The necessity of using normalization factors follows from the fact that in the non-linear regime, the SFz are not uniquely defined, depending on the concentration in the layer z (non-linearity) and the other layers (non-additivity). However, as we have shown, in the neighbourhood of the solution, a fully consistent AVK can be obtained after renormalization. It is this AVK that is recommended when applying method 1 in model comparisons. However, in case method 2 is employed and when the modelled profile concerns a narrow layer at high altitude (e.g. a pyro-convective fire plume) or significantly deviates from the a priori, it can be better not to renormalize. In particular, when we have a narrow modelled profile layer at an altitude z′, with , the second method, without renormalization, yields the expected
The generalized error covariance matrix S plays a key role in the calculation of the HRI. As a symmetric matrix, S has real eigenvalues λi and can be decomposed as
with all si orthogonal to each other. It follows that its inverse can be written as
This expression leads to an intuitive interpretation of the HRI (Clarisse et al., 2013): it can be seen as a weighted projection of the spectrum onto the Jacobian, with the directions that usually exhibit the most variability carrying the lowest weight.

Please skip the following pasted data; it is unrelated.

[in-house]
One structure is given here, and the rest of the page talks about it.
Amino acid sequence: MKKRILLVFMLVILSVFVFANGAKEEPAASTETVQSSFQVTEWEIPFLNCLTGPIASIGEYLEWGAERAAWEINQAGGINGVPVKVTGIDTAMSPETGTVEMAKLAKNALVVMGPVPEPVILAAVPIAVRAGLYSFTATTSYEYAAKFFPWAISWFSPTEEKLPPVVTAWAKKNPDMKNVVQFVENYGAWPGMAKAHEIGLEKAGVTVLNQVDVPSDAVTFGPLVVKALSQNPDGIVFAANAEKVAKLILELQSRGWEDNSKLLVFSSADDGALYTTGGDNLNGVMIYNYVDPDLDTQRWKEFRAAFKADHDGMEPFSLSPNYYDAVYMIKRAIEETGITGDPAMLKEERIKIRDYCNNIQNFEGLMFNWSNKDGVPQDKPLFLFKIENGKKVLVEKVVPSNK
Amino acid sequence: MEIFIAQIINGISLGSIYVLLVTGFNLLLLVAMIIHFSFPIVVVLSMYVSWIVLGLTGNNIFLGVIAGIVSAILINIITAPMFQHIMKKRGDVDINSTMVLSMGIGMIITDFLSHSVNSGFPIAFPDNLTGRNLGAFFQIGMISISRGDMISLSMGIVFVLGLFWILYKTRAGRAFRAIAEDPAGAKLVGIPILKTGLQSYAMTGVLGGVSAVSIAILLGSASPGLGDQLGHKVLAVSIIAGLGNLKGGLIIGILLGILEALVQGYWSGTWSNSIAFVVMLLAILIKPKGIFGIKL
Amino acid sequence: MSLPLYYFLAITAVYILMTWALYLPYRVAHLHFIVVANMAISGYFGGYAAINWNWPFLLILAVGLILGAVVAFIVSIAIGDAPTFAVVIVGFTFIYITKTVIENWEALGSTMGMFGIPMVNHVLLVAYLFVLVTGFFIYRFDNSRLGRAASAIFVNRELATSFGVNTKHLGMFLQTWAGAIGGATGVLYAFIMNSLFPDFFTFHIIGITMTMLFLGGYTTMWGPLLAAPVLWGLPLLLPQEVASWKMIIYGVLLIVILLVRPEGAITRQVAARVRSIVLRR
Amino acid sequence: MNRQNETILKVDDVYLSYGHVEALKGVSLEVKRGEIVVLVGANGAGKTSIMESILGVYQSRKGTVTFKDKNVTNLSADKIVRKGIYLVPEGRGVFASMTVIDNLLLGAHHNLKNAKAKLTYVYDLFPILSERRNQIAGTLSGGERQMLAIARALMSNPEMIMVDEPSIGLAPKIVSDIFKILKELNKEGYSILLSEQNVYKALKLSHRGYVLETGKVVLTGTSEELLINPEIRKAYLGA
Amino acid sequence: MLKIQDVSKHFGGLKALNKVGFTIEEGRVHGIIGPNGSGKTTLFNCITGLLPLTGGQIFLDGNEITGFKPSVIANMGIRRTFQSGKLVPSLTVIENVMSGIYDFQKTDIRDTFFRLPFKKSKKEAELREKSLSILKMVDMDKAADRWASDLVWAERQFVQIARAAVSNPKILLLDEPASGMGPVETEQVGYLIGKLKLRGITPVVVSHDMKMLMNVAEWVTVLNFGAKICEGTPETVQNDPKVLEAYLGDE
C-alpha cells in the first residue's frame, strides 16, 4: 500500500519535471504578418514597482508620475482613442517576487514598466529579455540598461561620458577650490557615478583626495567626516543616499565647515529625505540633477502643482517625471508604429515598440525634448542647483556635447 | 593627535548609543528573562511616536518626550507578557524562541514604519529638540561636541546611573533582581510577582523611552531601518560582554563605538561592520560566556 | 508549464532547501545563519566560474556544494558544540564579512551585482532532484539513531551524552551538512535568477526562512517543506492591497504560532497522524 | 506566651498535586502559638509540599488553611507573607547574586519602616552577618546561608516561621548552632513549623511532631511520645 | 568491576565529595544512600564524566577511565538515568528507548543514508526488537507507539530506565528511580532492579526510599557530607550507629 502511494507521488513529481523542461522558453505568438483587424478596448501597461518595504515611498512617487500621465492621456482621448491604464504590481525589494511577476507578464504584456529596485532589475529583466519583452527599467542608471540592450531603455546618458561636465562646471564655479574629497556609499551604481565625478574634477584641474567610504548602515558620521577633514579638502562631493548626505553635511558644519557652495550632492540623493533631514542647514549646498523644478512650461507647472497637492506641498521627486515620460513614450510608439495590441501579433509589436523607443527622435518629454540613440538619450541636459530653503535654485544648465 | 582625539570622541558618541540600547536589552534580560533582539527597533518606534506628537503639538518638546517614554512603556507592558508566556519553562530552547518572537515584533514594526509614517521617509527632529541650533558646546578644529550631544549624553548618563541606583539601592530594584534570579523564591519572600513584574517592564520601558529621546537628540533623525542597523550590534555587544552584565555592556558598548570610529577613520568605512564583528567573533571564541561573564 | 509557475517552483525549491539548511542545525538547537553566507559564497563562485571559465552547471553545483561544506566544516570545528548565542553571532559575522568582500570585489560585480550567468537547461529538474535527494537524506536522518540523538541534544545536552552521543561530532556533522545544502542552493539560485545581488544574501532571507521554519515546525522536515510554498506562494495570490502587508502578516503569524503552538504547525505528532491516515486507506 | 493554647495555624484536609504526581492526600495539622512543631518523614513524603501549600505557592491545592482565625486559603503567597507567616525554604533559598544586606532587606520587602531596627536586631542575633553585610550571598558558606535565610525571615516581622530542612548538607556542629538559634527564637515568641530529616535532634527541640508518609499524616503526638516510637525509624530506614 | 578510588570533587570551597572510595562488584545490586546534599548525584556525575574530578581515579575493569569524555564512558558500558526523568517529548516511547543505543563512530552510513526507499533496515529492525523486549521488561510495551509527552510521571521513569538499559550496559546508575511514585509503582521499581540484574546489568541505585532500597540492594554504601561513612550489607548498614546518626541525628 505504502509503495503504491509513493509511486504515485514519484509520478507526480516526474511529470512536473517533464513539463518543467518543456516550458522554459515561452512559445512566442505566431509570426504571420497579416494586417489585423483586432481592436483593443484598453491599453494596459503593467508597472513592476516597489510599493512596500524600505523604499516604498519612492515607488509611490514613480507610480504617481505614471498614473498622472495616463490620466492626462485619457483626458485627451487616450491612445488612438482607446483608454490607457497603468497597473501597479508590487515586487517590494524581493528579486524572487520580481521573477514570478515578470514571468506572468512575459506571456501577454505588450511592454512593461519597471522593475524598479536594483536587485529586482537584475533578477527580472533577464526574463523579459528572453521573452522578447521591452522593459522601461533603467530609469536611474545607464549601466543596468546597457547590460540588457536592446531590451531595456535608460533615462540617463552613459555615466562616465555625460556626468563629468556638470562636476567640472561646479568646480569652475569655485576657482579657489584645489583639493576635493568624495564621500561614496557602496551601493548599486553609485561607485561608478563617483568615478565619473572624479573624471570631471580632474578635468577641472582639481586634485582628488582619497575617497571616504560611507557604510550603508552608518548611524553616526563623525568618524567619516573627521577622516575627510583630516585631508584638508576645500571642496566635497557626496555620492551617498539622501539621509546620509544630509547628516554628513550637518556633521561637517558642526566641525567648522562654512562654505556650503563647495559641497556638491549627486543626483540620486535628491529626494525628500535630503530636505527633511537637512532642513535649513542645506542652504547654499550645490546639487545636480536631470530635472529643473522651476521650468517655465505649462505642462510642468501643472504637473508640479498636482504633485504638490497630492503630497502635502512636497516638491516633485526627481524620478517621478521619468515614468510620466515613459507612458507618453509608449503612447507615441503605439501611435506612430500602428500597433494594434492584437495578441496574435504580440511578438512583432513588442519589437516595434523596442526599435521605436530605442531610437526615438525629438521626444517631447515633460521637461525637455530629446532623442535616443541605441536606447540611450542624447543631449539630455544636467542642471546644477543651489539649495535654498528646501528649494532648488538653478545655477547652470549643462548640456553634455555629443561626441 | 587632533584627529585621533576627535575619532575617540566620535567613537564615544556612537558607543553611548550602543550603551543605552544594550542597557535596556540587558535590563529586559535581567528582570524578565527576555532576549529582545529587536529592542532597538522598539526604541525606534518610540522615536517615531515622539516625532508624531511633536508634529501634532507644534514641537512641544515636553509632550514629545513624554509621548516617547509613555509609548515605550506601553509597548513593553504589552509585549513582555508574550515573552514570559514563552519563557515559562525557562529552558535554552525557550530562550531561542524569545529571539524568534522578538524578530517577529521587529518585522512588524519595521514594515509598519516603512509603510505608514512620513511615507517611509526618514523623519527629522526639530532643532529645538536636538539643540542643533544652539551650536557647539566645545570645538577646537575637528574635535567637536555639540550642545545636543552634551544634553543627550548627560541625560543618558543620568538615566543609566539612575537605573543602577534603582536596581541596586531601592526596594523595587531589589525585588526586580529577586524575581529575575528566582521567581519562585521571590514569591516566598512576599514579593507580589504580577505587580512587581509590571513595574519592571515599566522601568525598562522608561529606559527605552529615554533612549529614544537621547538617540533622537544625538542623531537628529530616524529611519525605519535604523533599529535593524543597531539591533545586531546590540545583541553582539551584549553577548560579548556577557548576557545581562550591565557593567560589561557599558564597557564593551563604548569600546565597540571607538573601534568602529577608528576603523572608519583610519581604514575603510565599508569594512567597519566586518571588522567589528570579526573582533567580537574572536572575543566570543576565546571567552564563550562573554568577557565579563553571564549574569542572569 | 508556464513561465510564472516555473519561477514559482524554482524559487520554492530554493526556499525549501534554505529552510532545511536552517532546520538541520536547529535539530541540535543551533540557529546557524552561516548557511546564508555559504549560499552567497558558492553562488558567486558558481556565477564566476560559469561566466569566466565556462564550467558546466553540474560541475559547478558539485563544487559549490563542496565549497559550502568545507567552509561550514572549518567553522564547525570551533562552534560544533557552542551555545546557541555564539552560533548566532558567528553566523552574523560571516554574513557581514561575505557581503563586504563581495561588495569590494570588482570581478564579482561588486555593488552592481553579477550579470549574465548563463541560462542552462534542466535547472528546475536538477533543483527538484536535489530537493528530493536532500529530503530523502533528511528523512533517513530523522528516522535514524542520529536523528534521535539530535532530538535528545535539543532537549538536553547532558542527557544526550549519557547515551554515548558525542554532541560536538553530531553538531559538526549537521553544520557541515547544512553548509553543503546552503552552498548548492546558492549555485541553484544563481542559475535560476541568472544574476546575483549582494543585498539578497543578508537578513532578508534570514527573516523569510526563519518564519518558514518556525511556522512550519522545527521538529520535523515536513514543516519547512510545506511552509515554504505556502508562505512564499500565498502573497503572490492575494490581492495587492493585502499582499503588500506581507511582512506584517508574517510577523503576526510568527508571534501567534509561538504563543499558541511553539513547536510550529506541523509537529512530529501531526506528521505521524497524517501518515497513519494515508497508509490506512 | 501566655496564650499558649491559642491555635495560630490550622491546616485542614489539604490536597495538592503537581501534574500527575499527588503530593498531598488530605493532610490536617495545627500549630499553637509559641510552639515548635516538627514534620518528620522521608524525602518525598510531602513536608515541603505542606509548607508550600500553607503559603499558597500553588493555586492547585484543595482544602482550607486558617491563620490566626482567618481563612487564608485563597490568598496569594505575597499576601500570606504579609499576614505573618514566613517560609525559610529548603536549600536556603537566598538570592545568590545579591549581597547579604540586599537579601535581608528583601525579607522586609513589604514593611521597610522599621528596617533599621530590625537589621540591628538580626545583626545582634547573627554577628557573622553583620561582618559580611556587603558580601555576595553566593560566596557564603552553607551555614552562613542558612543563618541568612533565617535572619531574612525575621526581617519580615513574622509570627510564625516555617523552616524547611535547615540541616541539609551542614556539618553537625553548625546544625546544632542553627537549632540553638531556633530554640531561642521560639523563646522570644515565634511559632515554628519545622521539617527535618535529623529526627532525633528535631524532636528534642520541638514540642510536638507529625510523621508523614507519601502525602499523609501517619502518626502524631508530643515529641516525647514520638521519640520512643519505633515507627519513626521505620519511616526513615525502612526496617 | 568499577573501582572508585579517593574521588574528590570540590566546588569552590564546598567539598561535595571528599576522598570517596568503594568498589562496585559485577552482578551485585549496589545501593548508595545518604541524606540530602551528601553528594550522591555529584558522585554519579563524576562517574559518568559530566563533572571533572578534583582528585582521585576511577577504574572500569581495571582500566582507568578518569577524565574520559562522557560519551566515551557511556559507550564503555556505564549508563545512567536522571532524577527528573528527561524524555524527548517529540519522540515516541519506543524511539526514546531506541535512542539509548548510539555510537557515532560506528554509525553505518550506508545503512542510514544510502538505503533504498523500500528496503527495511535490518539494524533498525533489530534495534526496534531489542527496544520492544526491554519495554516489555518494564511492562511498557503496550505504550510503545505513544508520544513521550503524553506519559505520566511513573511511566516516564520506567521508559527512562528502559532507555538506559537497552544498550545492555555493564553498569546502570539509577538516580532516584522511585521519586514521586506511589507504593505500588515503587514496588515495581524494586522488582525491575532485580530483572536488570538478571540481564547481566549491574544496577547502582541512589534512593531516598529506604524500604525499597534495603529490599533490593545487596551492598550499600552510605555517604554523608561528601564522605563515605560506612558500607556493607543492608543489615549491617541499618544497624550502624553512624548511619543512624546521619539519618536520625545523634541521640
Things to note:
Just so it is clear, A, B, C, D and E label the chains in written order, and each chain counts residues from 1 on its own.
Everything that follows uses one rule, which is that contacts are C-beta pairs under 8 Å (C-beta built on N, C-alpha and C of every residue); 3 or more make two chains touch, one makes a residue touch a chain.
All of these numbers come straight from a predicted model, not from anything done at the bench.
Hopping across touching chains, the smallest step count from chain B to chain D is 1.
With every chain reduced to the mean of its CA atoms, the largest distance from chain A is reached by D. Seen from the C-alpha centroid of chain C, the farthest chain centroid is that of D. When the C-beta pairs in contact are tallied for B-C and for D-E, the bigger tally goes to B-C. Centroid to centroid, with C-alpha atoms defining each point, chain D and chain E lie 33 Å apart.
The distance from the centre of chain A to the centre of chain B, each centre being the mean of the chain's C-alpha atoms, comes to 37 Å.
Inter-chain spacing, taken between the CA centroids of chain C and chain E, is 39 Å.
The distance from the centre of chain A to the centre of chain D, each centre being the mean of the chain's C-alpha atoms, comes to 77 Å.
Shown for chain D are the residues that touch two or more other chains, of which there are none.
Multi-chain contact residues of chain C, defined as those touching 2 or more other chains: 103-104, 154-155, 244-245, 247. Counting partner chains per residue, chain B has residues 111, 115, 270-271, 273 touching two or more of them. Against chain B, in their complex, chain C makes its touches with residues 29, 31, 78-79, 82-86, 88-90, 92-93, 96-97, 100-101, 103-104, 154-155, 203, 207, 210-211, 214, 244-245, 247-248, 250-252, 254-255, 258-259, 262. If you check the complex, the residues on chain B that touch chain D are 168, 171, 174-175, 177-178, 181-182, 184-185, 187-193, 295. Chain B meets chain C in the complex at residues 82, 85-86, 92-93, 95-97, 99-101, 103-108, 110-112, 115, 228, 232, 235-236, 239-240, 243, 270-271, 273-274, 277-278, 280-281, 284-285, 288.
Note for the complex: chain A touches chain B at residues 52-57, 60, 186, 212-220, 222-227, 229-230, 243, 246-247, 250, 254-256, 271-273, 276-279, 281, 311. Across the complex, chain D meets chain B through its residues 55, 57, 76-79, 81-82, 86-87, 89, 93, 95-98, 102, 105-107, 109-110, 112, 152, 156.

The distribution of the eigenvalues of the covariance matrix used for the NH3 HRI (with a spectral range covering 812–1126 cm−1) is shown in Fig. 4. Three domains can be distinguished: (i) the 30 highest values corresponding to the principal components, (ii) around 1200 values corresponding mainly to instrumental noise and (iii) around 20 very small eigenvalues. These smallest eigenvalues are of the order of the numerical precision at which the covariance matrix is calculated and, in essence, correspond to directions not occurring in IASI spectra. While random instrumental noise would be expected to occur in all directions, apodization and L1 post-processing remove some. Such directions carry the most weight in S−1, but as they are not found in real spectra they do not contribute much to the total HRI (as can easily be verified numerically).